There is a particular sort of privilege, easily and widely taken for granted, in being able to turn on the faucet and drink the water. To know that, despite other problems in a broken system, you reliably have access to clean water. To know that your basic physical safety and essential rights are not social and political footballs.

Marginalized people, especially those who live in states with legislatures governed by a Republican majority, are thrown into constant chaos by abortion restrictions, “religious liberty” bills, “trans bathroom” bills, housing and employment discrimination, voter disenfranchisement, and all the other political tug-of-war we are obliged to navigate, in addition to social oppression and a ceaseless onslaught of microaggressions that can leave us reeling.

Those same things also make us urgent for change, but it disposes many of us toward an incrementalist approach, as opposed to the lurching upheaval of revolution.

It is a privilege, in many ways, to be able to “think big.” To have the space and safety where one can imagine seismic shifts that don’t come with the risk of falling off the edge. We don’t all have that luxury.

Which is not to suggest that marginalized people don’t desperately long for change. The greater the cavernous divide between reliable drinking water from the kitchen tap and having to bathe your child in bottled water, the more fervent that desire for change is.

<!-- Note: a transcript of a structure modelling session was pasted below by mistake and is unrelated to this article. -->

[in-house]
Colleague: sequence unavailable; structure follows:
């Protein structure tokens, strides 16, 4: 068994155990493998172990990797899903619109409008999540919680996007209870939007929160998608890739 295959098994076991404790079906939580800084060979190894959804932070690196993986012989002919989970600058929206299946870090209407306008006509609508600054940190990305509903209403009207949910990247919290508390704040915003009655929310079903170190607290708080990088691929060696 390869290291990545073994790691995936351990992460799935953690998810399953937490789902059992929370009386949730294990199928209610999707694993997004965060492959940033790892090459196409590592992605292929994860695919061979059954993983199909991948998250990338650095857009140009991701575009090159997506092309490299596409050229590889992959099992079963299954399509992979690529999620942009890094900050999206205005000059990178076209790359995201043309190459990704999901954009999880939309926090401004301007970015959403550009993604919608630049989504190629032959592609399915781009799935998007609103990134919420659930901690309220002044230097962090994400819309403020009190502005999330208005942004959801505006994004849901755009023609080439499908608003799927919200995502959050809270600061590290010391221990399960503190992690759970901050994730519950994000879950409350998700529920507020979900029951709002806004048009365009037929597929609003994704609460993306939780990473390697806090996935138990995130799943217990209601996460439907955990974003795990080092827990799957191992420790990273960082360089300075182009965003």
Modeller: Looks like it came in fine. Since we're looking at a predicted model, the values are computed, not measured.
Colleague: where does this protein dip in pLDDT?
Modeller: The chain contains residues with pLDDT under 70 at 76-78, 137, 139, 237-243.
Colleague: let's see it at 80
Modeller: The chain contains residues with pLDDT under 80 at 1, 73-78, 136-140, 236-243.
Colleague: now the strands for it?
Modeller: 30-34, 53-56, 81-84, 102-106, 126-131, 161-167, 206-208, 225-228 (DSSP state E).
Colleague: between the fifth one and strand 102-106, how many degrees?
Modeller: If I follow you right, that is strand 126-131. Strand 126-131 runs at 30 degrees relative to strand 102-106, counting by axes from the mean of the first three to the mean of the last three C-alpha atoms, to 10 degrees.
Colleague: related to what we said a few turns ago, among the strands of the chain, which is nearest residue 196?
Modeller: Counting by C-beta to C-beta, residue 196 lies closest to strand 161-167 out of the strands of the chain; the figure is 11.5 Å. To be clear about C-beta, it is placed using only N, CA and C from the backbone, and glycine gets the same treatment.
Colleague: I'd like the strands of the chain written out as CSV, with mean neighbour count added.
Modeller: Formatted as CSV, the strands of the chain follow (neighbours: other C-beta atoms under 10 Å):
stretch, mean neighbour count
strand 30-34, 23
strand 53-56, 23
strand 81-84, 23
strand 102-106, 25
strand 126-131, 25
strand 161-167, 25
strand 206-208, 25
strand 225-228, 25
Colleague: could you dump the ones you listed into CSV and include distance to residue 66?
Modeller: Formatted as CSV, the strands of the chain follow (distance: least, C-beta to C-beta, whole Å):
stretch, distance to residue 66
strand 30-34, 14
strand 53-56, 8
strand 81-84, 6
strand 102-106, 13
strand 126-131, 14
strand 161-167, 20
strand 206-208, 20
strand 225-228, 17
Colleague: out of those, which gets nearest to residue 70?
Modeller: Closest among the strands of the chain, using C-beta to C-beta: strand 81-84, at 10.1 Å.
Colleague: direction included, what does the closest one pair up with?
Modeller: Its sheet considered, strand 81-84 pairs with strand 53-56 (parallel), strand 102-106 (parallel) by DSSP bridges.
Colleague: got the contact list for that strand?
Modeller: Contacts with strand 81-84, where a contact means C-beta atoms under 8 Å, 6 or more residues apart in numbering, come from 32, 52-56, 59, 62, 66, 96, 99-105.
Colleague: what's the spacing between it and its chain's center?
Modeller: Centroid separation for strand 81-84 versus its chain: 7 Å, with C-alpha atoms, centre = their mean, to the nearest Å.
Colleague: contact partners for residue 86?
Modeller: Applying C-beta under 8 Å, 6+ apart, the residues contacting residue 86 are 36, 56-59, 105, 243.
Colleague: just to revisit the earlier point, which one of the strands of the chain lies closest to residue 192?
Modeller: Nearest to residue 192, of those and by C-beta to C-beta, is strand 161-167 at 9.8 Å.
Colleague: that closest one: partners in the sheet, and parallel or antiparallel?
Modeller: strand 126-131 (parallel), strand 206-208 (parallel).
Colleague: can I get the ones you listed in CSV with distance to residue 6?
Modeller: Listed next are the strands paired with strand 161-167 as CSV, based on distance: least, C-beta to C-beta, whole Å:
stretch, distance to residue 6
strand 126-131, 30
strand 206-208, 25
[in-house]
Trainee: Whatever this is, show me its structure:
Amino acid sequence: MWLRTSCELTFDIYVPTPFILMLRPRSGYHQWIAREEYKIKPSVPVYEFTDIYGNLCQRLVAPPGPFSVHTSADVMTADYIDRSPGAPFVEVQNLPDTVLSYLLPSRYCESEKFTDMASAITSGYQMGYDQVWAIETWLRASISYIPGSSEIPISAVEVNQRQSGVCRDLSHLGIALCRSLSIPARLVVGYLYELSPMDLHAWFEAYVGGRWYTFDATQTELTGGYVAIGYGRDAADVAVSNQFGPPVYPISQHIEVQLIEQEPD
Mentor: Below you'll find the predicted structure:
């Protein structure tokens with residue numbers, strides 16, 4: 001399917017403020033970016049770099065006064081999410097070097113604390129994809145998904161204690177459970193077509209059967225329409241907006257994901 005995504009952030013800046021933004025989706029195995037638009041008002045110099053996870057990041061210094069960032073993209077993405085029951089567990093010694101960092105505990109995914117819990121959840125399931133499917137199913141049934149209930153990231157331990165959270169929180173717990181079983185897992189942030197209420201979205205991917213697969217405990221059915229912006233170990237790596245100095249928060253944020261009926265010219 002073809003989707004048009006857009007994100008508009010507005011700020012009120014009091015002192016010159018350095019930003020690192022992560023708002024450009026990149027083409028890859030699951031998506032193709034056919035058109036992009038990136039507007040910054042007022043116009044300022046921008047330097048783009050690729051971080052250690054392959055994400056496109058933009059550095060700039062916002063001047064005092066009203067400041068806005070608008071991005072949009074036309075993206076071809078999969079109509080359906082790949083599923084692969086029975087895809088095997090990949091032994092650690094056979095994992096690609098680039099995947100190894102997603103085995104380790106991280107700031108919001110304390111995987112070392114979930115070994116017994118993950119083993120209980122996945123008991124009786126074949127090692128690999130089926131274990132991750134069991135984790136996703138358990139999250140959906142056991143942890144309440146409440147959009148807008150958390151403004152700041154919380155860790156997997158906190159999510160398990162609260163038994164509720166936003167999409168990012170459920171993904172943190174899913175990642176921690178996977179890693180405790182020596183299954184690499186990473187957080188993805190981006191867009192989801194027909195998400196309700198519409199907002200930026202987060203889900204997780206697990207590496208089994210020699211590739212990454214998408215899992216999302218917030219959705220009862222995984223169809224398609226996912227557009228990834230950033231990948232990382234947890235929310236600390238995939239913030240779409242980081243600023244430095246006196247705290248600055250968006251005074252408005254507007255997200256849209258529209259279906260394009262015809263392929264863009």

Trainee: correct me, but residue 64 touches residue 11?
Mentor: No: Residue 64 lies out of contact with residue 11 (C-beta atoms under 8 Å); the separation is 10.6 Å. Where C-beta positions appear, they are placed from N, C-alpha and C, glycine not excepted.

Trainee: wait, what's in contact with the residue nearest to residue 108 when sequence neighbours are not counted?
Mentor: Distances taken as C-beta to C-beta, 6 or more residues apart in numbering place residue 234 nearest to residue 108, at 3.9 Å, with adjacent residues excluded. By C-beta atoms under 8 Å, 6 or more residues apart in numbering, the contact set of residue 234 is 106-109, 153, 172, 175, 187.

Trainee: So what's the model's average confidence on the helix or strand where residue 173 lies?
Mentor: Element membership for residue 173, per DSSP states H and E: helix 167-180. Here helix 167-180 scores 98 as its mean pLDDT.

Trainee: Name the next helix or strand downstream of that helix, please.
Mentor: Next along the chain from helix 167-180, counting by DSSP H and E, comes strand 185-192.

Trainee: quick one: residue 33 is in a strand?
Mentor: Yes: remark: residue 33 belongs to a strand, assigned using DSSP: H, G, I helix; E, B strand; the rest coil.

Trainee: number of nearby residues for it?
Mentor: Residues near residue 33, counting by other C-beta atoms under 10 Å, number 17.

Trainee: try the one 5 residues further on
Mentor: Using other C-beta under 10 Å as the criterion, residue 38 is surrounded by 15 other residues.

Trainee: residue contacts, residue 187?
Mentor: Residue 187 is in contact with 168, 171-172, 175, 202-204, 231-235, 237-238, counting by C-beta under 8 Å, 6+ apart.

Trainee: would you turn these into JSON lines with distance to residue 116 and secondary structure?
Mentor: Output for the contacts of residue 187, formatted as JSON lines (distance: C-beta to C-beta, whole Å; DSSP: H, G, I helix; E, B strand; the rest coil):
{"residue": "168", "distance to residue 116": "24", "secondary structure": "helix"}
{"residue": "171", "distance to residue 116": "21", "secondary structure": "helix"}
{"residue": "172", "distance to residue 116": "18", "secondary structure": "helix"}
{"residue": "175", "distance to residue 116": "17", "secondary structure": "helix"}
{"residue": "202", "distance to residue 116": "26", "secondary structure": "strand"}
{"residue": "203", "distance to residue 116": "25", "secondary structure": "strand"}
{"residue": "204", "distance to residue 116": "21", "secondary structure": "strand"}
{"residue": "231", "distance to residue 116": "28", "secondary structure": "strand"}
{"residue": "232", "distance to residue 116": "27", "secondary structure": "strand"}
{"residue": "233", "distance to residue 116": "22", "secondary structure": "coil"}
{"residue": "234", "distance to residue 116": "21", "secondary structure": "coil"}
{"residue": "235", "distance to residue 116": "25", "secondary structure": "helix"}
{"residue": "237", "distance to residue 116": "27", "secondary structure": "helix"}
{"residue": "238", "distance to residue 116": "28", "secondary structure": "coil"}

McKnight-Chavers notes that “revolution” is not the same thing as protest. “Marginalized people regularly protest and speak out against injustice,” she says. Incrementalism is often misrepresented as complacency, but that mischaracterization elides the reasons that many marginalized people have for their abundance of caution.

“The Reagan-Bush-Bush years did a number on our community,” says McKnight-Chavers. “From a pragmatic perspective, a lot of Black folks don’t think Bernie can be elected and can’t afford for the Democrats to lose this race. Secondly, the talk of overturning President Obama’s healthcare and other policies is seen as disrespectful and unnecessary. We want improvements and forward progress, not an overthrow.”

In blue states and spaces where the Democratic Party is not as progressive as many of its constituents, the Party can seem almost quaint to its most privileged voters. It’s easier to be contemptuous of the Democrats when one lives in a state, or municipality, where they have a comfortable governing majority.